RAPID urbanisation is taking a huge toll on the country’s arable land. More and more farmland is being transformed into homesteads threatens the country’s goals of attaining food security, better health, more education and economic progress. Population in the divisional headquarters have doubled in the last 20 years and the cities and towns there have registered robust growth at the cost of agricultural land and greenery.
The country has lost nearly 1.0 million hectares of arable land in 23 years. The Bangladesh Bureau of Statistics’ data showed that the net arable land of 9.38 million hectares in 1980-1981 was reduced to 8.42 million hectares in 2002-03. A recent survey showed that every year the country is losing more than 80,000 hectares of fertile land. Experts fear that after 50 years not even one bigha of land would be left for planting rice. The food minister, at a recent seminar, admitted that the drastic reduction of farmland because of urbanisation and industrialisation, along with the adverse effects of climate change, were major barriers to achieving food security amidst.
It has been observed that less employment opportunities in the rural areas are forcing more and more people to seek resettlement in the big cities. The influx of rural people to the cities leads to further urban sprawl and loss of more arable land, and is thus posing serious threats to the country’s food security. More employment opportunities for the rural people should be created so that migration to the cities can be reduced.
In fact, there is no scope for neglecting the agricultural sector which contributes 21 per cent to the Gross Domestic Product and provides employment to around 50 per cent of total labour force. The arable land in the greater Dhaka district comprising Dhaka, Keraniganj, Narayanganj, Gazipur, Narsingdi, Manikganj and Munshiganj is decreasing rapidly.
Greenery in the capital and adjoining towns is fading fast, due to growing activities of the real estate companies. Conversion of arable land into plots for residences is still going on unabated on the outskirts of the capital as its population, which was only 21,72,000 in 1975, now stands at more than 13 million. Successive governments had focused only on the development of Dhaka and the major cities. Migration, without balanced development, could not be curbed. As a result the drastic shrinking of cultivable land could not be stopped. People across the country were migrating to Dhaka in search of jobs and livelihood, which is putting huge pressure on its dwindling agricultural land. Employment opportunities need to be created in the rural areas to check the migration and further encroachment on arable land.
Theoretically speaking, there would be no cultivable land left in Bangladesh in 50 years if lands are taken away for non-farm purposes at the current annual rate. Experts said if the trend is not reversed now, the country would permanently lose its food security, making its poor population more vulnerable to volatile international commodity prices.
In order to reverse this trend, the parliamentary standing committee on agriculture suggested last year that the government should enact strict laws to restrict use of arable land for non-farming purposes. It said such mindless encroachment must be halted. Arable land should not be used for purposes other than agriculture. The factories and educational institutions that have already been built should now go vertical, instead of grabbing more arable land. Laws will be enacted to stop this aggression on the country’s dwindling farmland, he said.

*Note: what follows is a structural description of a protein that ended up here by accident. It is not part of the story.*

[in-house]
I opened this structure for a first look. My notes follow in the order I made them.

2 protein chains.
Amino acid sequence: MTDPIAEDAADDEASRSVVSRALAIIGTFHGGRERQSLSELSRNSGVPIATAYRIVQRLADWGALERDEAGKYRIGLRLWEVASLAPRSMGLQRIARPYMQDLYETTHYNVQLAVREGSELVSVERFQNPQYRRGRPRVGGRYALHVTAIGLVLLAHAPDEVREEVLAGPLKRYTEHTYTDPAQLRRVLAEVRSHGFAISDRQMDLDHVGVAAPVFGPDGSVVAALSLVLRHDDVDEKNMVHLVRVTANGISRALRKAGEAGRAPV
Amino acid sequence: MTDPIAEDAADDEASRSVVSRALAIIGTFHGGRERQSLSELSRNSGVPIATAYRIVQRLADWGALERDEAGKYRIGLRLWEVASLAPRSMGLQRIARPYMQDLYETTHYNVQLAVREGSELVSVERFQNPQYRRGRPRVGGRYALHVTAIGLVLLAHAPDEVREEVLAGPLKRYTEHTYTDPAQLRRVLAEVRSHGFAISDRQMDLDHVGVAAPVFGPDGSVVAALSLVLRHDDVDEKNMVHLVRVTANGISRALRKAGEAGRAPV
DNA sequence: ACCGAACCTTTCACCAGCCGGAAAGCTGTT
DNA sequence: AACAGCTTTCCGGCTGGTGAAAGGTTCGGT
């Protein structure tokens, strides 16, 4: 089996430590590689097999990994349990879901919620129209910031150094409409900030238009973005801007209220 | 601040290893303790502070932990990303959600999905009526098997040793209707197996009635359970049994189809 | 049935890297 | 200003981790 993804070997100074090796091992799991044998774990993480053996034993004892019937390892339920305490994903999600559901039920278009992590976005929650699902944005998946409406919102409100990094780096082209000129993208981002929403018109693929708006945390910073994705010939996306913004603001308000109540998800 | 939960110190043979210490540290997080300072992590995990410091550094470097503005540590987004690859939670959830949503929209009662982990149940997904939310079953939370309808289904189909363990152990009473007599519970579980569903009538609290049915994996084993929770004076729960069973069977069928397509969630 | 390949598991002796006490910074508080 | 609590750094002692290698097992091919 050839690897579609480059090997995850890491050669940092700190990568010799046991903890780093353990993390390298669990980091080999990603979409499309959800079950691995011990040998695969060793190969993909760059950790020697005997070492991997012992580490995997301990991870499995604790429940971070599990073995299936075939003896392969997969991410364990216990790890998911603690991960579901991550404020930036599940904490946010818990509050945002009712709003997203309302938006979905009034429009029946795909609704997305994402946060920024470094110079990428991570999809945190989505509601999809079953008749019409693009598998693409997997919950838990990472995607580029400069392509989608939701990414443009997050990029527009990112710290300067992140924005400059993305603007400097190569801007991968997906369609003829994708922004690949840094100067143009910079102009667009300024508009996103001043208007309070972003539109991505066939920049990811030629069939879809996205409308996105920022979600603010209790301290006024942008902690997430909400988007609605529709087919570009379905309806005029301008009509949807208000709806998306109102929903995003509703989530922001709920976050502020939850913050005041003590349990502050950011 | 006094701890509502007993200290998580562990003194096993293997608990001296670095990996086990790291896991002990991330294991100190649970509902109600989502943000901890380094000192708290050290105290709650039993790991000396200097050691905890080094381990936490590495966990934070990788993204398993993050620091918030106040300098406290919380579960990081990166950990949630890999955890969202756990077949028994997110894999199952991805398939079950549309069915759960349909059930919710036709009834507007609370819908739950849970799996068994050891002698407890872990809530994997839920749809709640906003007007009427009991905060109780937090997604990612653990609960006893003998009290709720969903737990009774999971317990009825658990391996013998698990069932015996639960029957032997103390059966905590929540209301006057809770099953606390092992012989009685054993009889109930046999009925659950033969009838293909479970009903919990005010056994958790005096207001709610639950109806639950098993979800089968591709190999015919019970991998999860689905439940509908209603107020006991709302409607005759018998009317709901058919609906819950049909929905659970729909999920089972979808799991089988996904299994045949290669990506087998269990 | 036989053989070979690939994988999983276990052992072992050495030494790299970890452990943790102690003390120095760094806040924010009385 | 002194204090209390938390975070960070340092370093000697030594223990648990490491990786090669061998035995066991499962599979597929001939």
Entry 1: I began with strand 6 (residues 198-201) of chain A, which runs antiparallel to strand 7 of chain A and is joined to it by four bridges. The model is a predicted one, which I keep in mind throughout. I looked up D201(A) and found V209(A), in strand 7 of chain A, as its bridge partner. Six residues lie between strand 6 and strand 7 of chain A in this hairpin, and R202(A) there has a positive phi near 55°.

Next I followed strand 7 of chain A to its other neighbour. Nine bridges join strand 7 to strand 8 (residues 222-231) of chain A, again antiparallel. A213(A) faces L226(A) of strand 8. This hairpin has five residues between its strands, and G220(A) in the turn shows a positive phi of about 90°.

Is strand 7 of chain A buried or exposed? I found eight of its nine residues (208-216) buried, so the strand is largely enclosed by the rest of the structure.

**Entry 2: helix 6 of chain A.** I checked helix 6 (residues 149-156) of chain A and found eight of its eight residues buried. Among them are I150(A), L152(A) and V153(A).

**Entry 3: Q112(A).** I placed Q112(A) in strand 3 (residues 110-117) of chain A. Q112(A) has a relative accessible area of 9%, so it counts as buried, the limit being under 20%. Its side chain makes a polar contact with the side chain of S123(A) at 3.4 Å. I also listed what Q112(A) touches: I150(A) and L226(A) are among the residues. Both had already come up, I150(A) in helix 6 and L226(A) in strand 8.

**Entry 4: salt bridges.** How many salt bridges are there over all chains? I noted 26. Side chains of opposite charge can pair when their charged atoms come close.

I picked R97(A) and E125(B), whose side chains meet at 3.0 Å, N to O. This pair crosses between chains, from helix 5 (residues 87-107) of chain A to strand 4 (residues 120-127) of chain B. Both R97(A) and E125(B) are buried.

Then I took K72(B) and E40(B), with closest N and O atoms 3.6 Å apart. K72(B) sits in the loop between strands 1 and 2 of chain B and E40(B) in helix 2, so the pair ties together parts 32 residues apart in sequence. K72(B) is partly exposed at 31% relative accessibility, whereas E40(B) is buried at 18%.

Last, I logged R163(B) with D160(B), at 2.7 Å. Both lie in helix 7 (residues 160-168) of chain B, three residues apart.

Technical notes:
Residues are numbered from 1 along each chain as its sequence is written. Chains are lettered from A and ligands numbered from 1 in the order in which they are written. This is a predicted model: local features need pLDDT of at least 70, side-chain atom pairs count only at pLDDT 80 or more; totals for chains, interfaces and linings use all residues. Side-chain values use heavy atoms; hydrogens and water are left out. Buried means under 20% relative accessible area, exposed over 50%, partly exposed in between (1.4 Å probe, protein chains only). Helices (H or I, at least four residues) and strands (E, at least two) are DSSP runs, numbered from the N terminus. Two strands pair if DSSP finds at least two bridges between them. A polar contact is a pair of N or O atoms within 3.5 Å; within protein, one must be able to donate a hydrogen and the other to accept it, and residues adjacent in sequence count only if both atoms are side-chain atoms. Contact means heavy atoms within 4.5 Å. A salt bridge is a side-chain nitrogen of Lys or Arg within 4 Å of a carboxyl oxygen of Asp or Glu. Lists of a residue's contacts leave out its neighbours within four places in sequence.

The committee also suggested that the government hire adequate experts and field officials for the government’s dozen plus agricultural agencies, which have a shortage of 5,528 people. Indeed, the dwindling size of farms, rise in landlessness and constant depletion of farmland are posing formidable threats to Bangladesh’s agriculture, increasing poverty and trapping many ultra-poor people in a vicious circle. The average farm size has been reduced to less than 0.6 hectares and the percentage of landless people stands at 58 in a country where nearly 80 per cent of the ultra-poor live in rural areas.
A Washington-based International Food Policy Research Institute, in a recent study, noted that the incidence of landlessness in Bangladesh 58 per cent. Also, the number of farms in Bangladesh has doubled over the past 20 years, increasing the number of farms smaller than 0.2 hectares in size proportionately. The only crop whose area of cultivation is increasing over the past decades is rice.
Worries about farmland depletion have so far fallen on deaf ears, while calls for ensuring optimum utilisation of arable land and bringing fallow land under cultivation remain in rhetoric alone. A long-drawn suggestion to bring slight changes in crop pattern for diversifying agriculture remains unheeded.
A report titled ‘Climate Change as a Security Risk’ said that the probable loss of arable and residential lands through flooding in this part of the world (Bangladesh and its neighbourhood) would result in increase of internal and external environmental migration and strained relations between countries. A solution to the issue of farmland depletion could be formulation of a sensible and realistic land-use policy.
There is no denying that investing more on agricultural research is vital for Bangladesh since the country is losing cropland quite fast. At present, the production capacity of cropland is less than 50 per cent due to unavailability of resources at the proper time as well as lack of updated information regarding various inputs, which is a serious setback in boosting production.
If the use of arable land for non-farming purposes is not restricted immediately, Bangladesh is poised to face multiple problems arising out of land scarcity and rising population. These challenges must be addressed with topmost priority.